Having health coverage is supposed to be the clear link to getting health care. But for many in Washington, that’s not the case. People with low incomes who have Medicaid health coverage often can’t find a provider who will see them. Their coverage does not open doors and connect them to care.
Fortunately, there is a clear solution to this problem, and our state Legislature can address it now by extending an increase in Medicaid payment rates that the federal government recently funded.
The reason there are so few providers who accept Medicaid patients is that reimbursement rates don’t even come close to covering their costs to provide care.
Many practices, in order to keep their business afloat, must limit the number of Medicaid patients they can treat. Historically, Medicaid rates have been extremely low, covering just 66 percent of Medicare payment rates. Those numbers don’t add up to a sustainable practice for most primary-care providers. Fair Medicaid compensation for physicians would help change that.
- Mariners fire general manager Jack Zduriencik
- Mariners demote struggling catcher Mike Zunino
- Now comes the hard part for the Mariners: Hiring Jack Zduriencik’s replacement
- Why Russell Wilson needs to water down his Recovery claims
- Animated map: How the wildfires in North Central Washington have grown over time
Most Read Stories
Unfair rates create a shortage of physicians for Medicaid patients. A significant portion of Washington’s population is affected by this. Medicaid serves more than 1 million low-income residents, including 432,000 children. That’s 42 percent of Washington children. In rural areas, lack of Medicaid providers leaves many enrollees with serious barriers to finding and getting care.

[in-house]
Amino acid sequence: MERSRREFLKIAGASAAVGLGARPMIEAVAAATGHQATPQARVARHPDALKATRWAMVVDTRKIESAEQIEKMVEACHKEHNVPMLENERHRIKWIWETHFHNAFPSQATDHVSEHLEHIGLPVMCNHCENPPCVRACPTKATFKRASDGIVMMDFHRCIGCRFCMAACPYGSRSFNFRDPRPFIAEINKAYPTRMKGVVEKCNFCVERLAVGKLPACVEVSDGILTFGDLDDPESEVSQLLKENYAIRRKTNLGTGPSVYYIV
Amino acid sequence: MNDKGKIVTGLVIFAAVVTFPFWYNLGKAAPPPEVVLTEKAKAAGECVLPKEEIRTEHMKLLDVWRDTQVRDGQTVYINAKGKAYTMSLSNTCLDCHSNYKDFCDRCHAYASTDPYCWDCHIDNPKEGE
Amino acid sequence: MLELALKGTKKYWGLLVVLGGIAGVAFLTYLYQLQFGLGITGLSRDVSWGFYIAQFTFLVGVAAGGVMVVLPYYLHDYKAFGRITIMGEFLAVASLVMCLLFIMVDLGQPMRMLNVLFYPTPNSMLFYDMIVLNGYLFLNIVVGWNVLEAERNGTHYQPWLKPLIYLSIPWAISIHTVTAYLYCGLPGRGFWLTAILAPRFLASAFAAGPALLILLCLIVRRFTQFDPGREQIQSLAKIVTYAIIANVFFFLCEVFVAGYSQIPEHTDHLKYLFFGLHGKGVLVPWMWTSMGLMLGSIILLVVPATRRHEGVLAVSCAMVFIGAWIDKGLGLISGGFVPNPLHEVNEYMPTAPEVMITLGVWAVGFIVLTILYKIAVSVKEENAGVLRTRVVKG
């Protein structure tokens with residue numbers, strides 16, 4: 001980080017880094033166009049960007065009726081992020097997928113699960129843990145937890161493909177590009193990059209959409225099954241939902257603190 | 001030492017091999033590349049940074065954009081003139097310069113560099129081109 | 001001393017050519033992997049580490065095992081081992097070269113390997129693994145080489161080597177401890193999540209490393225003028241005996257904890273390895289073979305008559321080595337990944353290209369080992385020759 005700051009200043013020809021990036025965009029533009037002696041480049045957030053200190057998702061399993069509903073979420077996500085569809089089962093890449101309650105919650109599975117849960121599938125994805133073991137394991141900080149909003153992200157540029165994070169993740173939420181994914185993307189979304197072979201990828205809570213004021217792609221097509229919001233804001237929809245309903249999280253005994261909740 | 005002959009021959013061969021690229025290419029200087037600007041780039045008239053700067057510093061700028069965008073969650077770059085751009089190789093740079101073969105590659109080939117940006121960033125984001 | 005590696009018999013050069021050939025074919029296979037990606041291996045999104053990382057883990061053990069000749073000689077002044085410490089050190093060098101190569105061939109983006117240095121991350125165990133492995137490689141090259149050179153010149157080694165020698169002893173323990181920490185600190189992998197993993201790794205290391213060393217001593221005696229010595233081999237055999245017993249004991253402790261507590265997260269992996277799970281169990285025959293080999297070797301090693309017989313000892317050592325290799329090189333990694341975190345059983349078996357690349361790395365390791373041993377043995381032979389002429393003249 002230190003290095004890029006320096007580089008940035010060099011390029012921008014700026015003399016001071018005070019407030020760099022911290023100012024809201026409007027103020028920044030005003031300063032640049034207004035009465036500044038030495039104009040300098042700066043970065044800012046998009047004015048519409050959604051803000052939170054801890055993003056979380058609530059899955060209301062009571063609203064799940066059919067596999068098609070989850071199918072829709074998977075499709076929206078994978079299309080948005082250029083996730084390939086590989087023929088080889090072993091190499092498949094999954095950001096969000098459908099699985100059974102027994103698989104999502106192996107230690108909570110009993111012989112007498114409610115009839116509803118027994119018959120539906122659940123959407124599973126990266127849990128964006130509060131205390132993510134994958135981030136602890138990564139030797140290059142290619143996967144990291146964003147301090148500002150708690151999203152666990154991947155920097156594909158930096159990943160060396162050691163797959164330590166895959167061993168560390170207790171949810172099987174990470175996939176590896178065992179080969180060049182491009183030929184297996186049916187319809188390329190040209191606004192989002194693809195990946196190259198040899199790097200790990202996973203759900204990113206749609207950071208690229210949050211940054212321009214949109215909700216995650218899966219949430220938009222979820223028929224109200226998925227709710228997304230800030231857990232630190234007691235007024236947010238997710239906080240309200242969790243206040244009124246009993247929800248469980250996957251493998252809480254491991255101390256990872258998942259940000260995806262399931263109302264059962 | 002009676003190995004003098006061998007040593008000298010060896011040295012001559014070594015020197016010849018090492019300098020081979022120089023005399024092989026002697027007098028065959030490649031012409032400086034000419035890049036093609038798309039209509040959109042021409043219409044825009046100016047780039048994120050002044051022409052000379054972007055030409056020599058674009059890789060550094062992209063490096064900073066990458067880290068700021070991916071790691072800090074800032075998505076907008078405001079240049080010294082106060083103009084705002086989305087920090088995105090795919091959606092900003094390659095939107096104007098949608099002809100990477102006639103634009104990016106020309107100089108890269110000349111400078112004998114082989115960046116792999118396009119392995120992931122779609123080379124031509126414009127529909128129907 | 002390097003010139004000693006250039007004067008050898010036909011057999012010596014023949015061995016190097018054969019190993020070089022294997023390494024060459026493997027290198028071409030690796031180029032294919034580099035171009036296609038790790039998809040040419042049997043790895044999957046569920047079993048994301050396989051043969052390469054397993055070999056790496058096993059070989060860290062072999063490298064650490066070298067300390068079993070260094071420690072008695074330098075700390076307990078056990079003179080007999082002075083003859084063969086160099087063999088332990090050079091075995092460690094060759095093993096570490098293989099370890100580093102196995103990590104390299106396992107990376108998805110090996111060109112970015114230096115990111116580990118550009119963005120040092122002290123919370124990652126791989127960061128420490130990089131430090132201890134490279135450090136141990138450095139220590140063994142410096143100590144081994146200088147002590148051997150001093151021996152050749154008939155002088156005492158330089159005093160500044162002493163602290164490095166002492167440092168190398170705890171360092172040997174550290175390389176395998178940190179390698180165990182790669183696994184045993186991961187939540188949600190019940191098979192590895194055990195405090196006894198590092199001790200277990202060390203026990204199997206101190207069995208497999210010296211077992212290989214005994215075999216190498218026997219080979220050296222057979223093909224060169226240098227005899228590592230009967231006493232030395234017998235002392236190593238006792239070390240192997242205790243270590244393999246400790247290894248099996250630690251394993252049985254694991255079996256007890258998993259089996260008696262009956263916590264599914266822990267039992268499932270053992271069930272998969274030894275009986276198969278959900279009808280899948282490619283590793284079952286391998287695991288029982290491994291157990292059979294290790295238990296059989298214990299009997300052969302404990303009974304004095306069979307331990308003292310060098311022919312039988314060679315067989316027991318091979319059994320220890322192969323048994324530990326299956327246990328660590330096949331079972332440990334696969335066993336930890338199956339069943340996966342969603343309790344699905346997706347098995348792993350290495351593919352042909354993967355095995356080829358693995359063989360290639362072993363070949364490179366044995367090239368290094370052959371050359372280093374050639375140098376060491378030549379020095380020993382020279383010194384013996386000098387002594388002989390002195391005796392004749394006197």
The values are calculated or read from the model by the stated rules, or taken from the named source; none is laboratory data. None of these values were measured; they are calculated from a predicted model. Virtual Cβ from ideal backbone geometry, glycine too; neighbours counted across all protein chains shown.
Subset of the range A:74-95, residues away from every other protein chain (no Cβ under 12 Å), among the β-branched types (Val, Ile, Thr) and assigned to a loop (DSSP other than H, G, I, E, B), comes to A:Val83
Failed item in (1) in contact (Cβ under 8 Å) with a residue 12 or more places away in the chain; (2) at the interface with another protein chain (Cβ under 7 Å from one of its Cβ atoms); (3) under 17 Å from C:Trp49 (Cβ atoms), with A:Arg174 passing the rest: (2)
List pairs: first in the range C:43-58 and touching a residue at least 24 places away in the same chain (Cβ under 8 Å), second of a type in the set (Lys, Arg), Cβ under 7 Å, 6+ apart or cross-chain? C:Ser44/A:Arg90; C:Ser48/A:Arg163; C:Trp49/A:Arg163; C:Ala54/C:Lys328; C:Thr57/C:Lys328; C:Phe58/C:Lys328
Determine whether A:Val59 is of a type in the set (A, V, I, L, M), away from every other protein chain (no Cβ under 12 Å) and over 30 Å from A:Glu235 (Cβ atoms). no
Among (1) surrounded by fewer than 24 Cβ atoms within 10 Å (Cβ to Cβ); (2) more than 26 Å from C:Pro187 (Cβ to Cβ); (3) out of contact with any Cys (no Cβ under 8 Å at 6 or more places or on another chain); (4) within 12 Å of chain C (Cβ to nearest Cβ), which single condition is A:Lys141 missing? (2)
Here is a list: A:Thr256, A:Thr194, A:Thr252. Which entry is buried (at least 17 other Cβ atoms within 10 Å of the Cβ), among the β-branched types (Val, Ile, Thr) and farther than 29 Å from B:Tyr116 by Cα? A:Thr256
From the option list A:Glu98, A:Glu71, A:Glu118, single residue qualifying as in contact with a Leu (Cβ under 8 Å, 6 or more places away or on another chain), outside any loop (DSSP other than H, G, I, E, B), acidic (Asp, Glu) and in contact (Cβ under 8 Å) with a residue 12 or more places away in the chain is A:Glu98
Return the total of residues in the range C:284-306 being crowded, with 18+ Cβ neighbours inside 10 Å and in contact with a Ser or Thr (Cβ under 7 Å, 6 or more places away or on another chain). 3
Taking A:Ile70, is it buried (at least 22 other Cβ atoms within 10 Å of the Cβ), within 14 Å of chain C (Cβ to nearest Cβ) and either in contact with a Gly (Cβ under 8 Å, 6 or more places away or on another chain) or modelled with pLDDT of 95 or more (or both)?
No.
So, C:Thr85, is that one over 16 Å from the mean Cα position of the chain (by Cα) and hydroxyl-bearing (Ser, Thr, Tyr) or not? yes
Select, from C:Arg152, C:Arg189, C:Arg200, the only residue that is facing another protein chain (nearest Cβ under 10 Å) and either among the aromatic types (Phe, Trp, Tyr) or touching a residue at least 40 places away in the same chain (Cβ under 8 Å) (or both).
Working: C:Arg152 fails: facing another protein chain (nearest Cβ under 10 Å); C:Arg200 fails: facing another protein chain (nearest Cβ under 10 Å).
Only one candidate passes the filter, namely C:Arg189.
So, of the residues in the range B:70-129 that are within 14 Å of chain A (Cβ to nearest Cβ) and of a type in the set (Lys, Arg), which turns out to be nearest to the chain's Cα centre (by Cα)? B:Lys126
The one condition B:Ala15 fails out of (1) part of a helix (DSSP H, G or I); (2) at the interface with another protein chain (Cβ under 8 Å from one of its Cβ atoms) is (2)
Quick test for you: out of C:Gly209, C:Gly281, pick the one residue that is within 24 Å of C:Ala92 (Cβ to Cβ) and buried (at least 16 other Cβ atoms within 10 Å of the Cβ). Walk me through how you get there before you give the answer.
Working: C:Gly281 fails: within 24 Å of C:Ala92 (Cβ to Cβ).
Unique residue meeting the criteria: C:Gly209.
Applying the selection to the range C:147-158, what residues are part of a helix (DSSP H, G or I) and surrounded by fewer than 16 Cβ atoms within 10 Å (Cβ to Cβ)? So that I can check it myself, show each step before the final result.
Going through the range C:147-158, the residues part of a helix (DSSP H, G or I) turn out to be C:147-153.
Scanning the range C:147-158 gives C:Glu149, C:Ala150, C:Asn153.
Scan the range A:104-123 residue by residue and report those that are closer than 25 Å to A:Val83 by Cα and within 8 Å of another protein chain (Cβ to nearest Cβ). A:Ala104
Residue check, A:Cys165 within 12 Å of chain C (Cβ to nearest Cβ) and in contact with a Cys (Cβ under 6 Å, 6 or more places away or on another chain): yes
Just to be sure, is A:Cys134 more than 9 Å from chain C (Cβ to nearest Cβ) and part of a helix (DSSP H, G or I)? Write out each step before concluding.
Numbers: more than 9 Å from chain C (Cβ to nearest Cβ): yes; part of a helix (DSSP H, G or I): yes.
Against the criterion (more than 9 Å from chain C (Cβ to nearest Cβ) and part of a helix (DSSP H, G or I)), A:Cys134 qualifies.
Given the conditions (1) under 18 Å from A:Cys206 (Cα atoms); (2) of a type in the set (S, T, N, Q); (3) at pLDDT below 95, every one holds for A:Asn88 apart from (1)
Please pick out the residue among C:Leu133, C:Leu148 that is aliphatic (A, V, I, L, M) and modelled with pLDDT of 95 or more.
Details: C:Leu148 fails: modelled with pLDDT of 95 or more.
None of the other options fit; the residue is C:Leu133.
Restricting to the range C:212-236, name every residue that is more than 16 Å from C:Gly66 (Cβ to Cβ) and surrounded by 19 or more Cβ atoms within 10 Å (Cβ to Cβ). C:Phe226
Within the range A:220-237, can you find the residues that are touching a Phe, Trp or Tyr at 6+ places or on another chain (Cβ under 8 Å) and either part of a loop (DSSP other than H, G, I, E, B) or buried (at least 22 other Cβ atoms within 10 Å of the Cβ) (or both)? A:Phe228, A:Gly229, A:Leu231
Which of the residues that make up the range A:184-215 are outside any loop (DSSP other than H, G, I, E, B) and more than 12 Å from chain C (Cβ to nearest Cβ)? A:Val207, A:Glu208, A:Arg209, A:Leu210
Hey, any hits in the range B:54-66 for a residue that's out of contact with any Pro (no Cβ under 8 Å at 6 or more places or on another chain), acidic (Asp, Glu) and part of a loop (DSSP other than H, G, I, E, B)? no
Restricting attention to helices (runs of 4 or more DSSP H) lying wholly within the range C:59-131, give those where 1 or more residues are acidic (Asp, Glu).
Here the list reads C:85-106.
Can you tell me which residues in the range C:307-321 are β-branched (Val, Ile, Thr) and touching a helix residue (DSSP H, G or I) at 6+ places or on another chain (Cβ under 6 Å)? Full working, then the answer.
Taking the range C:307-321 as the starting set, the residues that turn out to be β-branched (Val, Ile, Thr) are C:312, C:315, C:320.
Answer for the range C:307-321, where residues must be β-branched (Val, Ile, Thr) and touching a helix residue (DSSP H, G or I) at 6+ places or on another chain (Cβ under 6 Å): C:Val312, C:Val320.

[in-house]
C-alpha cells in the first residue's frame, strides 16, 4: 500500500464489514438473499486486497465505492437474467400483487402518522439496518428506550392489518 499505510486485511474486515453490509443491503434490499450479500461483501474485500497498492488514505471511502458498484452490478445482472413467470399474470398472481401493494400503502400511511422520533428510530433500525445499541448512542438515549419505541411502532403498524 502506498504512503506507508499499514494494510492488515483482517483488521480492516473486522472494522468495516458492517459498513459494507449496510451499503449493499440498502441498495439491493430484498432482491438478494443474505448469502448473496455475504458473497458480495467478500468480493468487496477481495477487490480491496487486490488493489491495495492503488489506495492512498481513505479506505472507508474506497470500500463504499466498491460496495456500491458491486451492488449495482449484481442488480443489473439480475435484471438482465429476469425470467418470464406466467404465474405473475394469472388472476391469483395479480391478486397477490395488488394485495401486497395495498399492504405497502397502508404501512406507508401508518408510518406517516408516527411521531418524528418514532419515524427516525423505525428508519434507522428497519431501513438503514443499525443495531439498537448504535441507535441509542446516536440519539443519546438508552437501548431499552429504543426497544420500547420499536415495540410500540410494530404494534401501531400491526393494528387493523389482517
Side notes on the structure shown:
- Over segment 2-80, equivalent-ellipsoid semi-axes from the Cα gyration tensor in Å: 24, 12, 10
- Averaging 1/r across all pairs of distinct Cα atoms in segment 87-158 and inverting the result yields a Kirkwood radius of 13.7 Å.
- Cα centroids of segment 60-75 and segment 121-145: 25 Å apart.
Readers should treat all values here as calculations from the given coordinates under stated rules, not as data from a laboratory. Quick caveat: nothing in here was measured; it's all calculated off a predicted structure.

For a family in a rural community, it could be an hour’s drive to a provider who takes Medicaid patients, so getting your children their immunizations and yearly flu shots becomes a major challenge.
For a parent holding down two part-time jobs to make ends meet, finding a physician who sees Medicaid patients during your off hours may prove difficult — forcing you to choose between putting food on the table and providing preventive health care to your children. When that non-urgent care is postponed, it can lead to preventable problems that end up being treated in the emergency room, driving up health care costs for everyone.
And this conundrum can be expected to grow with the expansion of Medicaid this year, which will create increased demand for care across the state. It is estimated that the U.S. will face a shortage of more than 52,000 primary-care physicians by 2025.
The federal government sought to address this problem with funding through the Affordable Care Act to provide fair Medicaid compensation for primary-care and preventive-health services, bringing rates up to Medicare levels. But its 100 percent funding is temporary, covering two years through the end of 2014. Washington state must now contribute to funding that rate increase, with matching dollars from the federal government.
There is urgency for the state Legislature to address this in the current supplemental budget. Because Washington state’s fiscal year doesn’t begin until July, and federal funding ends in December, there is a six-month gap needing immediate attention before the next biennial budget.
Closing this funding gap will help ensure that patients won’t be dropped by their providers and lose continuity of care, which is especially critical for people with chronic conditions such as diabetes. And it will entice the providers who have yet to commit to Medicaid patients because of funding uncertainty to open their doors sooner.
Even though there is a $24 million budget amount attached to this request, it is an investment that will ultimately lower state health-care costs. Without access to quality primary care, preventable emergency room visits increase while health outcomes worsen, costing the state money, productivity and lives. And physician fees represent just a fraction of total Medicaid expenditures in Washington — currently less than 6 percent.
Fair Medicaid compensation connects the dots between Medicaid coverage and access to care for low-income Washingtonians. It’s up to our state Legislature to make it happen.
Dale Reisner is the president of the Washington State Medical Association and is a doctor specializing in maternal fetal medicine in Seattle.